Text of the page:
Changing Role of HR Managers
Although the current economic climate and business environment looks gloomy, with business going into administrations, filing losses, one of the practices that organisations cannot do without is HRM. It is important that focus is on the Human Resource, making the most of them, motivating them to work for organisational prosperity that would indeed result in their own good in the long run.
Roles of HR Practitioners
Traditionally, HRM operates in large centralised departments. HR practitioners consider themselves enablers of change and keepers of resources. They believe HR needs to be involved in decisions directing change. HR practitioners have a tendency to assign any responsibility for a let-down on senior managers. They believe reasons for failure or underperformance is due to social issues, not HR ones. However, often HR managers cannot effectively cope with employee issues in the traditional role because they attribute most of the failures to social reasons.
The role is more of a catalyst where employees are informed, trained and guided, so they make choices that result in lasting motivation and commitment, every employee has its own goals and needs, HR has the responsibility to aligning them and is responsible for their actions
HR practitioners in this role effect employee behaviour and guide employees in directions that they view as desirable. There is an understanding that HR managers cannot sustain a successful organisation by themselves. They perceive themselves as visionaries that see what needs to be done and try to influence employee’s decisions towards their own desirable direction. However, HR people adopting a this role would view employees as targets rather than resources.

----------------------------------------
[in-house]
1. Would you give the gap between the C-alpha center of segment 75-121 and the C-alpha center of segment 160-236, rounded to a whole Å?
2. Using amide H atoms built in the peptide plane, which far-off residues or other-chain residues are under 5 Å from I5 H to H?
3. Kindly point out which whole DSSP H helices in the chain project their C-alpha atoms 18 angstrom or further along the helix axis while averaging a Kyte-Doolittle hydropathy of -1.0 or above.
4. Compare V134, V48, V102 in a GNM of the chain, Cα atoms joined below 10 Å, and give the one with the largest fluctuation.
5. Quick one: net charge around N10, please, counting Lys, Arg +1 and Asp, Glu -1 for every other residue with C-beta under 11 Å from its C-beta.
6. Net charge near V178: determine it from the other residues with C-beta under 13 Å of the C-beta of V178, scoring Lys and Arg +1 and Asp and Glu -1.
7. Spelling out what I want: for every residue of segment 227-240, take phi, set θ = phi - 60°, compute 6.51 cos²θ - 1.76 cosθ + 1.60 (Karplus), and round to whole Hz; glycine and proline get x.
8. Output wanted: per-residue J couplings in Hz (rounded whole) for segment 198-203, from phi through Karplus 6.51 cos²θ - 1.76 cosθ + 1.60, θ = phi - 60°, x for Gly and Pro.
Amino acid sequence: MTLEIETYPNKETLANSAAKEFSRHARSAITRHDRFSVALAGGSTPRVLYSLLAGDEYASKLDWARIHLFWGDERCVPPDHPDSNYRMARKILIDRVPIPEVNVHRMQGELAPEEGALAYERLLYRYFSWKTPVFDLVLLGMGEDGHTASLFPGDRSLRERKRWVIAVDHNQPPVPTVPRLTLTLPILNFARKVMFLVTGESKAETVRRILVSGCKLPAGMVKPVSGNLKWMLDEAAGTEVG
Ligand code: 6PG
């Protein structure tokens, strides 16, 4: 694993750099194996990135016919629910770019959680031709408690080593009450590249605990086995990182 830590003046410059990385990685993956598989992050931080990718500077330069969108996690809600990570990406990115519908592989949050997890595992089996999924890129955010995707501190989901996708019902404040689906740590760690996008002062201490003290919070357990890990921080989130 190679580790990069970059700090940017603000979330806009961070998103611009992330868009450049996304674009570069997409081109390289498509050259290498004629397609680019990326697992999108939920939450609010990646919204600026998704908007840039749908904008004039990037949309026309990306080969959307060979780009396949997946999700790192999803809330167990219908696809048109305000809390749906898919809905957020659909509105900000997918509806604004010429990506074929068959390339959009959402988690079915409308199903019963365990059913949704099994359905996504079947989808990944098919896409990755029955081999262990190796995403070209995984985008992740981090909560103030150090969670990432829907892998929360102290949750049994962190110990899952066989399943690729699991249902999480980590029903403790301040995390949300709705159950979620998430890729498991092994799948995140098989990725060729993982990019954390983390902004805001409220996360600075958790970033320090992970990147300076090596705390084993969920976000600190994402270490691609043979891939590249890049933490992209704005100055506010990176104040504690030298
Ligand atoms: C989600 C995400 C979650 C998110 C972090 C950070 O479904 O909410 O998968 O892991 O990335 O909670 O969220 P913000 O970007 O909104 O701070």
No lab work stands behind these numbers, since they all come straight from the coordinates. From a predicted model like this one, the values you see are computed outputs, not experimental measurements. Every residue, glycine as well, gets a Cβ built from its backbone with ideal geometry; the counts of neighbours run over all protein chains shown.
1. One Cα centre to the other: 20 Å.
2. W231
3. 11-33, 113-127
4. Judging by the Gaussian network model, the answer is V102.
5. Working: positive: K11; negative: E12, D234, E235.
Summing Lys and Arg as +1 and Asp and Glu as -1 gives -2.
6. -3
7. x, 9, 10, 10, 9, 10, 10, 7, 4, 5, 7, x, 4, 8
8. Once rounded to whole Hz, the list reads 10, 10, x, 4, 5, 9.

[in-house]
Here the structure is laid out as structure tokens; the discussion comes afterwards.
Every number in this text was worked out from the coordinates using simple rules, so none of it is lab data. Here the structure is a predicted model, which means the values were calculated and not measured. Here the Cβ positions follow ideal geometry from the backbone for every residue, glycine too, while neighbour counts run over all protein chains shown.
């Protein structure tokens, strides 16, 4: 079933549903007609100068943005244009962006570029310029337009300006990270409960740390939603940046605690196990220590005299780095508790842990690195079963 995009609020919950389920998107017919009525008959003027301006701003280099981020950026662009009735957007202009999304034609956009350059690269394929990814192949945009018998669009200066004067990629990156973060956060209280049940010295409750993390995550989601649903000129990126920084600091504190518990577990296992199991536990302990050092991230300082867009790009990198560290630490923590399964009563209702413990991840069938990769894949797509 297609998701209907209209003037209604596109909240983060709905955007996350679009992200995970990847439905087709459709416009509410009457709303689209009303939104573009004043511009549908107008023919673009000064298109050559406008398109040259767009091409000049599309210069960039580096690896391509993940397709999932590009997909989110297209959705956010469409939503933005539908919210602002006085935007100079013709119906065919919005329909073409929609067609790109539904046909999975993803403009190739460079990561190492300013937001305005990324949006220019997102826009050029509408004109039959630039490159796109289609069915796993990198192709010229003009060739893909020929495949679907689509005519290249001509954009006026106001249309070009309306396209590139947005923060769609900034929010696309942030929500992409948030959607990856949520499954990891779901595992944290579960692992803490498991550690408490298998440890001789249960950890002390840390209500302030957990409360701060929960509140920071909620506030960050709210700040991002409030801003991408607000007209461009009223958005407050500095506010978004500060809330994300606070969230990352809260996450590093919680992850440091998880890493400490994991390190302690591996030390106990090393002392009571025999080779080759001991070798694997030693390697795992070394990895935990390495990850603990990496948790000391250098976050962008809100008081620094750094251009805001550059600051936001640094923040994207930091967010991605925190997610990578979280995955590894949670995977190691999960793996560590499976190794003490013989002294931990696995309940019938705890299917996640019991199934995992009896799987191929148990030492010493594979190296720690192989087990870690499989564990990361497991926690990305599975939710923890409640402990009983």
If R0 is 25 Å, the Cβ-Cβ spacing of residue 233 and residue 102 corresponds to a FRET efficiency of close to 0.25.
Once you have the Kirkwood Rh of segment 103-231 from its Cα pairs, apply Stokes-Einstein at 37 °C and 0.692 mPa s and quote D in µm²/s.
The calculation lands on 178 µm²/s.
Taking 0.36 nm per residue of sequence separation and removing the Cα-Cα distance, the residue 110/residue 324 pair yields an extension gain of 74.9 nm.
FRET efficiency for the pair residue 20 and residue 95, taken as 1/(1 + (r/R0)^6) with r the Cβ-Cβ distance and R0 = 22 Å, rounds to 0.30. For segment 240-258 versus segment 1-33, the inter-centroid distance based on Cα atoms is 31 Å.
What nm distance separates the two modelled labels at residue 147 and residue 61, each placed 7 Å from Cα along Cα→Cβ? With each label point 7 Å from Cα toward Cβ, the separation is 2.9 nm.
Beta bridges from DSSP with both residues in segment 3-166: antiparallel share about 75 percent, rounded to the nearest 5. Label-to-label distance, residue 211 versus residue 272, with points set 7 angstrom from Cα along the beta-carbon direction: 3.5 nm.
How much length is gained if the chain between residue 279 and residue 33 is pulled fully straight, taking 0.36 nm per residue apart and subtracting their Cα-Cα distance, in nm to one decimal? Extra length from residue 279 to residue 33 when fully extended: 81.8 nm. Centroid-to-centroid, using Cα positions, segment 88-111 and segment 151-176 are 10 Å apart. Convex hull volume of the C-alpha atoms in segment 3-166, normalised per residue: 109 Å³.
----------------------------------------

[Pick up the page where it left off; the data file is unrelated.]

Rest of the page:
The advantage of this role is its emphasis on communication. Communication between management and employees or between different heads of departments is often infrequent. By establishing effective communication between different groups in the organisation in order to promote their own views, HR practitioners hope to increase their popularity and credibility.
Arguably HR has evolved over the period of time, with traditional role changing to Assistant role and now the campaigner role, HR Managers understanding their responsibilities, plus the management also considerate of the role HR could play in the performance of the business. It’s highly unlikely that HR department would take on the course of one single role, but it is very likely that HR managers are adopting all of the three roles from time to time depending on the micro and macro environment.
There is little point in investing in HRM for the sake of it. It should only be utilised if it can improve employee well-being and organisational performance, and reduce the overall cost. Throwing money at problems does not solve them. Management needs to set clear targets and standards, have a clear strategy, educate key players and create solid communication channels to enable on-going employee development